More than 100 former prime ministers, presidents and foreign ministers are among 230 leading figures calling on leaders of powerful G7 countries to pay two-thirds of the $ 66 billion (£ 46.6 billion) needed to immunize countries low income against Covid.
A letter seen by the Guardian ahead of the G7 summit to be hosted by Boris Johnson in Cornwall warns that leaders from the UK, US, France, Germany, Italy, Japan and of Canada must make 2021 “a turning point in global cooperation”. Less than 2% of people in sub-Saharan Africa have been vaccinated against Covid, while the UK has now vaccinated 70% of its population with at least one dose.
The call comes as Johnson faces a rebellion from dozens of his MPs over cuts to the foreign aid budget, which have hit poorer countries and coronavirus research projects.
Johnson said on Sunday he would call on his G7 summit counterparts to “tackle the biggest post-war challenge” by “vaccinating the world by the end of next year,” but didn’t gave no details on funding or dose sharing.
Among the signatories of the vaccine letter are Gordon Brown and Tony Blair, with the two former prime ministers putting aside past differences to join the effort to put pressure on the G7. Brown said the proposal would cost the UK 30p per person per week “for the best insurance policy in the world”.
Among the personalities who signed the letter were former UN Secretary-General Ban-Ki Moon, former Irish President Mary Robinson and taoiseach Bertie Ahern and 15 former African leaders, including Presidents Olusegun Obasanjo of Nigeria, John Mahama from Ghana and FW de Klerk from South Africa.
Other signatories include former UK Minister for Overseas Development Lynda Chalker, Virgin founder Sir Richard Branson, Wellcome Trust director Sir Jeremy Farrar, Nobel laureate in economics Bengt Holmström and economist Lord O’Neill.
They argue the investment is affordable and vital to stopping the spread of new coronavirus variants that could undermine current vaccines. “The year 2020 has witnessed a failure of global cooperation, but 2021 may usher in a new era. No one is safe from Covid-19 until everyone is safe everywhere, ”they say.
“G7 and G20 support that makes vaccines readily available to low- and middle-income countries is not an act of charity, but rather is in the strategic interest of each country, and as described by the IMF [International Monetary Fund] is “the best public investment in history”.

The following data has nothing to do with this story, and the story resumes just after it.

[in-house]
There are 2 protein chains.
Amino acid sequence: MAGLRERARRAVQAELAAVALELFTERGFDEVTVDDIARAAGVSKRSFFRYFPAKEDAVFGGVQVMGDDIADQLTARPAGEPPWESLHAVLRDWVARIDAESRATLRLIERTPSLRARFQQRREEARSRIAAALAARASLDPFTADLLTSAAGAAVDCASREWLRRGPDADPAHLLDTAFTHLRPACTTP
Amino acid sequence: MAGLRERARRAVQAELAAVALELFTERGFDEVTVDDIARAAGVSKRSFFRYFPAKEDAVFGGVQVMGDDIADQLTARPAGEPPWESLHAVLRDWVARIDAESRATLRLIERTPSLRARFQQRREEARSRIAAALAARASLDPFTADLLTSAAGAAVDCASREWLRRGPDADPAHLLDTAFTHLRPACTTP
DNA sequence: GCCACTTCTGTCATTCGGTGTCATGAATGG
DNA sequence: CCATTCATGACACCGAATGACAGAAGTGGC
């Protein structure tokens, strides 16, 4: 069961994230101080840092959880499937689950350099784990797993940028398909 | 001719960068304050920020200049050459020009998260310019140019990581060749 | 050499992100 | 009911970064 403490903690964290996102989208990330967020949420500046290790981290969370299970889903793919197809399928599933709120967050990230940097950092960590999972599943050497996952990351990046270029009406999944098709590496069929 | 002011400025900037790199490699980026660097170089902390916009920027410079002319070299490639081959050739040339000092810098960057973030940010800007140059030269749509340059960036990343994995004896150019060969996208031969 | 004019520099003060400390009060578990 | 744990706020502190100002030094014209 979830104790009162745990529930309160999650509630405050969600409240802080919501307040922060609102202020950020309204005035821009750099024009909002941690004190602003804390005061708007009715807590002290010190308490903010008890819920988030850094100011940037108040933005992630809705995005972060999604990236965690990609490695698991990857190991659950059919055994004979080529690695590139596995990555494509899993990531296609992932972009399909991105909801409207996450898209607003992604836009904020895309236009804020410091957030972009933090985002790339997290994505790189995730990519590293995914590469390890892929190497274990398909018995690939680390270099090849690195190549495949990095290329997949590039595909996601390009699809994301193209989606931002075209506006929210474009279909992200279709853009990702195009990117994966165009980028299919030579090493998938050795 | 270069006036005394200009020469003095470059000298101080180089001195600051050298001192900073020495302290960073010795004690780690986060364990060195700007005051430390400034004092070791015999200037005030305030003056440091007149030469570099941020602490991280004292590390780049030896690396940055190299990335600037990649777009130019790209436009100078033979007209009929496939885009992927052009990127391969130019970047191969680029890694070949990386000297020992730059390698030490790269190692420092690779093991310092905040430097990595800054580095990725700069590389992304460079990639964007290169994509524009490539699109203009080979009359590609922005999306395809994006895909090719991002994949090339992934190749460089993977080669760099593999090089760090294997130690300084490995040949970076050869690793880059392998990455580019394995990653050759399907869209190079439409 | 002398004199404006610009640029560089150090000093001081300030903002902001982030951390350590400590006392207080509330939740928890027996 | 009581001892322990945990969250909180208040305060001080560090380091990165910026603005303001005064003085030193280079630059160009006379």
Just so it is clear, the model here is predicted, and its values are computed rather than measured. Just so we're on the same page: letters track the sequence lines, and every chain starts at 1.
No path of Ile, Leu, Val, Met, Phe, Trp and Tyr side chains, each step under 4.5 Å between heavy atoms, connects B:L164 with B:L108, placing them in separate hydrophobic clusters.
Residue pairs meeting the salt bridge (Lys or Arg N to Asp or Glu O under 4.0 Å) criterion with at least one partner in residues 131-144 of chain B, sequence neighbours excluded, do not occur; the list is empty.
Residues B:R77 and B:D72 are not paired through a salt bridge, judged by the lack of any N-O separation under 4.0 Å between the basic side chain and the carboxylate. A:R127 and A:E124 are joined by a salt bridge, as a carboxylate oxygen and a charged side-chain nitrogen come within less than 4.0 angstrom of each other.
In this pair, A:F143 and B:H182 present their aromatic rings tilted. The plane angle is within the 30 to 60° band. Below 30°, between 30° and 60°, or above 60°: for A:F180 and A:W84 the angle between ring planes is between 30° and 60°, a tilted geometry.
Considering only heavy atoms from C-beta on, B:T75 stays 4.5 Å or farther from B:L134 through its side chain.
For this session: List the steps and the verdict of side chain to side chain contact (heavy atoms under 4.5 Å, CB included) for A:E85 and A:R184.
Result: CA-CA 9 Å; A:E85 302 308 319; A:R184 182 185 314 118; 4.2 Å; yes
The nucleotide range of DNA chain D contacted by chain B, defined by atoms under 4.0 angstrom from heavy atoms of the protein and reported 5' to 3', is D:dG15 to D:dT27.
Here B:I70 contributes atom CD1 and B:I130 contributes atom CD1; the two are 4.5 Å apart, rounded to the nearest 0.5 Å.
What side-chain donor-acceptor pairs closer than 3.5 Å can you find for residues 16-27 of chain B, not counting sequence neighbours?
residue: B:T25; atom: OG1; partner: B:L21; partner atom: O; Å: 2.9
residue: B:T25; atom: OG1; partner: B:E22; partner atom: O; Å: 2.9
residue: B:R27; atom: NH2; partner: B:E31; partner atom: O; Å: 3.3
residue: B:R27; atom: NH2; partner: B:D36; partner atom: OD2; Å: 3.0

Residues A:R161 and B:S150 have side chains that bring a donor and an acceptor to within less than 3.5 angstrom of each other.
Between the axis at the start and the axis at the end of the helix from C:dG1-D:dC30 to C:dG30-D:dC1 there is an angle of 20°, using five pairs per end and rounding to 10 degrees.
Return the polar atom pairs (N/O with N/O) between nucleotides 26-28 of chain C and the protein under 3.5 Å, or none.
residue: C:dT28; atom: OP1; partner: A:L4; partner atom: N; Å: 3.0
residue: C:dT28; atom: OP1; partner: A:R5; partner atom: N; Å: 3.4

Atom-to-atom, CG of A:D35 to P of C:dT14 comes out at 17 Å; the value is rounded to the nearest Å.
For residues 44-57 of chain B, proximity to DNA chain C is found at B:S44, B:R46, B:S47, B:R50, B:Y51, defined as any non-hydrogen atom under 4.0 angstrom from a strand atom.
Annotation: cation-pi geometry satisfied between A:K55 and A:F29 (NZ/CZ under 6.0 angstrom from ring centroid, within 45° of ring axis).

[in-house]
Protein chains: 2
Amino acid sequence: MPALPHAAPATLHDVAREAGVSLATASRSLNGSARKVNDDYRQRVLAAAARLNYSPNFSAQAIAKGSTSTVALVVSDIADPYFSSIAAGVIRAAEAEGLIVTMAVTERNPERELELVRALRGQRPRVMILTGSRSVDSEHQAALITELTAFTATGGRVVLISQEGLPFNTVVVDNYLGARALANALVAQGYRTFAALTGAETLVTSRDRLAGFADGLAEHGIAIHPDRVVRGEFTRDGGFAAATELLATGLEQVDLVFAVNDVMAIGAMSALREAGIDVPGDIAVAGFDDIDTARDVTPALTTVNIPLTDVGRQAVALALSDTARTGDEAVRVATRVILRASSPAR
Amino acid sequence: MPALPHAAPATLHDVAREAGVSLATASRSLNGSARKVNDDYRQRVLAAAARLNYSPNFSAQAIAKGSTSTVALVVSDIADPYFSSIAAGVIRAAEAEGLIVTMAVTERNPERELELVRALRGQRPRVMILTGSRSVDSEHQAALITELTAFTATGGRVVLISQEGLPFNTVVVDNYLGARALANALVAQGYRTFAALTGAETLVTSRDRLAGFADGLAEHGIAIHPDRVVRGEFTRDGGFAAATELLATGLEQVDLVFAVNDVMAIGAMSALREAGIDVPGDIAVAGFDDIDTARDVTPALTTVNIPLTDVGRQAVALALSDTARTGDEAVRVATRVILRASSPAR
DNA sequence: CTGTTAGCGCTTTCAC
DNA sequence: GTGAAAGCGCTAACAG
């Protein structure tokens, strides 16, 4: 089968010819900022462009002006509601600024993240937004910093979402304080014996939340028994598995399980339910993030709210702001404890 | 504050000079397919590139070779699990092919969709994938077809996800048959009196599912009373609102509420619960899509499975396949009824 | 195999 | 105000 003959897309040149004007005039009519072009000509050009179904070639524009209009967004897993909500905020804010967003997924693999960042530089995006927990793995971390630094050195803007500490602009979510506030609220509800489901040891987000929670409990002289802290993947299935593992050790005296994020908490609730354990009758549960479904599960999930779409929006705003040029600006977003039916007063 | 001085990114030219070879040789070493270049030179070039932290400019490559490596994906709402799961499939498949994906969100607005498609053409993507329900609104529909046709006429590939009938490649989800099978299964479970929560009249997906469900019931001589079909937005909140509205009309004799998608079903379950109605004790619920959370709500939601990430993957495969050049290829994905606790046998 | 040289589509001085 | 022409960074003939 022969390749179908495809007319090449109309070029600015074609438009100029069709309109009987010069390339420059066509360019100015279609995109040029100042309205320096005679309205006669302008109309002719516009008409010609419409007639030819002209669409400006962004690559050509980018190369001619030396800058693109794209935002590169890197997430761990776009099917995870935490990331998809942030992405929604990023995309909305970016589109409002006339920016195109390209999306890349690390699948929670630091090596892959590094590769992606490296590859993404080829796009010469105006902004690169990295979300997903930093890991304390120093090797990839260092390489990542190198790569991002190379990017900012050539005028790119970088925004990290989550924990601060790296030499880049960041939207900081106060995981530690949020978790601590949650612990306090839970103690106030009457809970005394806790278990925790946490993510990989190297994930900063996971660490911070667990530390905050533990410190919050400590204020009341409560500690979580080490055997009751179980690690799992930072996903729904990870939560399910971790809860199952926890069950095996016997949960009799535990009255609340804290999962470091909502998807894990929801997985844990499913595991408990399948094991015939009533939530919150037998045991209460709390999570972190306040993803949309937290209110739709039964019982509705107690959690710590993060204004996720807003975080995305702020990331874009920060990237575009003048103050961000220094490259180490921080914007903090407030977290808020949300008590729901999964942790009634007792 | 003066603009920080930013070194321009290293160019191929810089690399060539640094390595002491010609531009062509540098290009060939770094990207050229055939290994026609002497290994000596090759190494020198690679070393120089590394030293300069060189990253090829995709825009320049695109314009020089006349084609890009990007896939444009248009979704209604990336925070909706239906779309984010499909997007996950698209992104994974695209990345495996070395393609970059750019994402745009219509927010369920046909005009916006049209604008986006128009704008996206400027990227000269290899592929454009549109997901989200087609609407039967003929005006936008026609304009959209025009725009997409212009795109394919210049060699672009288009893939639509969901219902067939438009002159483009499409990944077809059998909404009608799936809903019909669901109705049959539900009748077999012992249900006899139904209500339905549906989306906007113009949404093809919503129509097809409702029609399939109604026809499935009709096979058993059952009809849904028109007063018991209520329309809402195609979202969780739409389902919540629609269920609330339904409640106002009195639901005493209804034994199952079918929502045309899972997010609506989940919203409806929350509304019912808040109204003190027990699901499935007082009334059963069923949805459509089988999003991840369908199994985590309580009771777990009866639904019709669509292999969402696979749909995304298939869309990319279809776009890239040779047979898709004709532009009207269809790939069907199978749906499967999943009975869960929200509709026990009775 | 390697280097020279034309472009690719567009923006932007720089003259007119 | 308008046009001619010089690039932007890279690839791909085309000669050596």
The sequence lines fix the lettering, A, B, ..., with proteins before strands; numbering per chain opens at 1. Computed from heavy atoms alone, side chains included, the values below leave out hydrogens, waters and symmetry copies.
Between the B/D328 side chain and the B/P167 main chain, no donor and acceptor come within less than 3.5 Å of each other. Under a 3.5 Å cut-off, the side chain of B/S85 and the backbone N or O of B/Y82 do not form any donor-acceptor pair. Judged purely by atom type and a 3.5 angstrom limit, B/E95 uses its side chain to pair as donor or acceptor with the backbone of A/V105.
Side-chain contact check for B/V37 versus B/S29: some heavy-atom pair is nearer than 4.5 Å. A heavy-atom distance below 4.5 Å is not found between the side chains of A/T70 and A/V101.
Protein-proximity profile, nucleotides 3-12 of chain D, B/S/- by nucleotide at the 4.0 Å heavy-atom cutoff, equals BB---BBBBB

The signatories of the letter say polls suggest the public supports them. A survey commissioned by Save the Children found that 79% of people in the UK who hold an opinion believe the G7 should pay to make the world safe. In five countries – the United States, France, Germany and Canada as well as the United Kingdom – leaving out the “don’t know”, more than 70% think their country should pay its share.
People of different ages, from different countries and from different backgrounds are united on the need for equitable access to vaccines, said Kirsty McNeill, executive director of Save the Children, who is a member of a coalition of 75 organizations. representing 12 million people called Crack. crises. They want global action on Covid, climate change and support for struggling communities.
“They want the G7 to make the world safe again. Their audiences will agree to nothing less than a serious and fully funded plan to resolve the global Covid crisis, ”she said.
It is estimated that $ 66 billion over two years is needed for the global immunization effort. Former leaders say the G7 should pay two-thirds of the cost, depending on the size of their economies.
“For the G7, paying is not charity, it is self-protection to prevent disease from spreading, mutating and coming back to threaten us all,” Brown said. “Costing just 30p per person per week in the UK is a small price to pay for the best insurance policy in the world. Savings from immunization are expected to reach around $ 9 billion by 2025. “
The first step, they say, is for G7 countries to commit 67% of the funding needed for the UN program for vaccines, tests and treatments, called the Access to the Covid-19 Tool Accelerator (ACT-A). An allocation of special drawing rights totaling $ 650 billion to low-income countries by the IMF could allow them to pay their share, Brown said.
“I looked at this question of how we pay for this whole burden-sharing formula. People will say we don’t have enough money, ”he told The Guardian. “Every country is about to get this grant, this money from the International Monetary Fund. They are about to get $ 21 billion from the IMF. It would allow them to pay for that and pay their share of everything else. “
The G7 is also expected to lead the way on dose sharing, voluntary licensing agreements and temporary patent waivers to allow vaccine manufacturing to begin on all continents, the letter said. This would force pharmaceutical companies to share the know-how and technological skills to make vaccines as well as the formula.
“Aligning global economic policy is vital. We have been fortunate that over the past year, in the initial recovery phase of Covid-19, most countries have followed similar policies, resulting in an acceptable level of policy alignment. . What we need now, in this next phase, is an agreed global growth plan with coordinated monetary and fiscal interventions to prevent an uneven and unbalanced recovery – and ensure a more inclusive, equitable and greener future ” , he adds.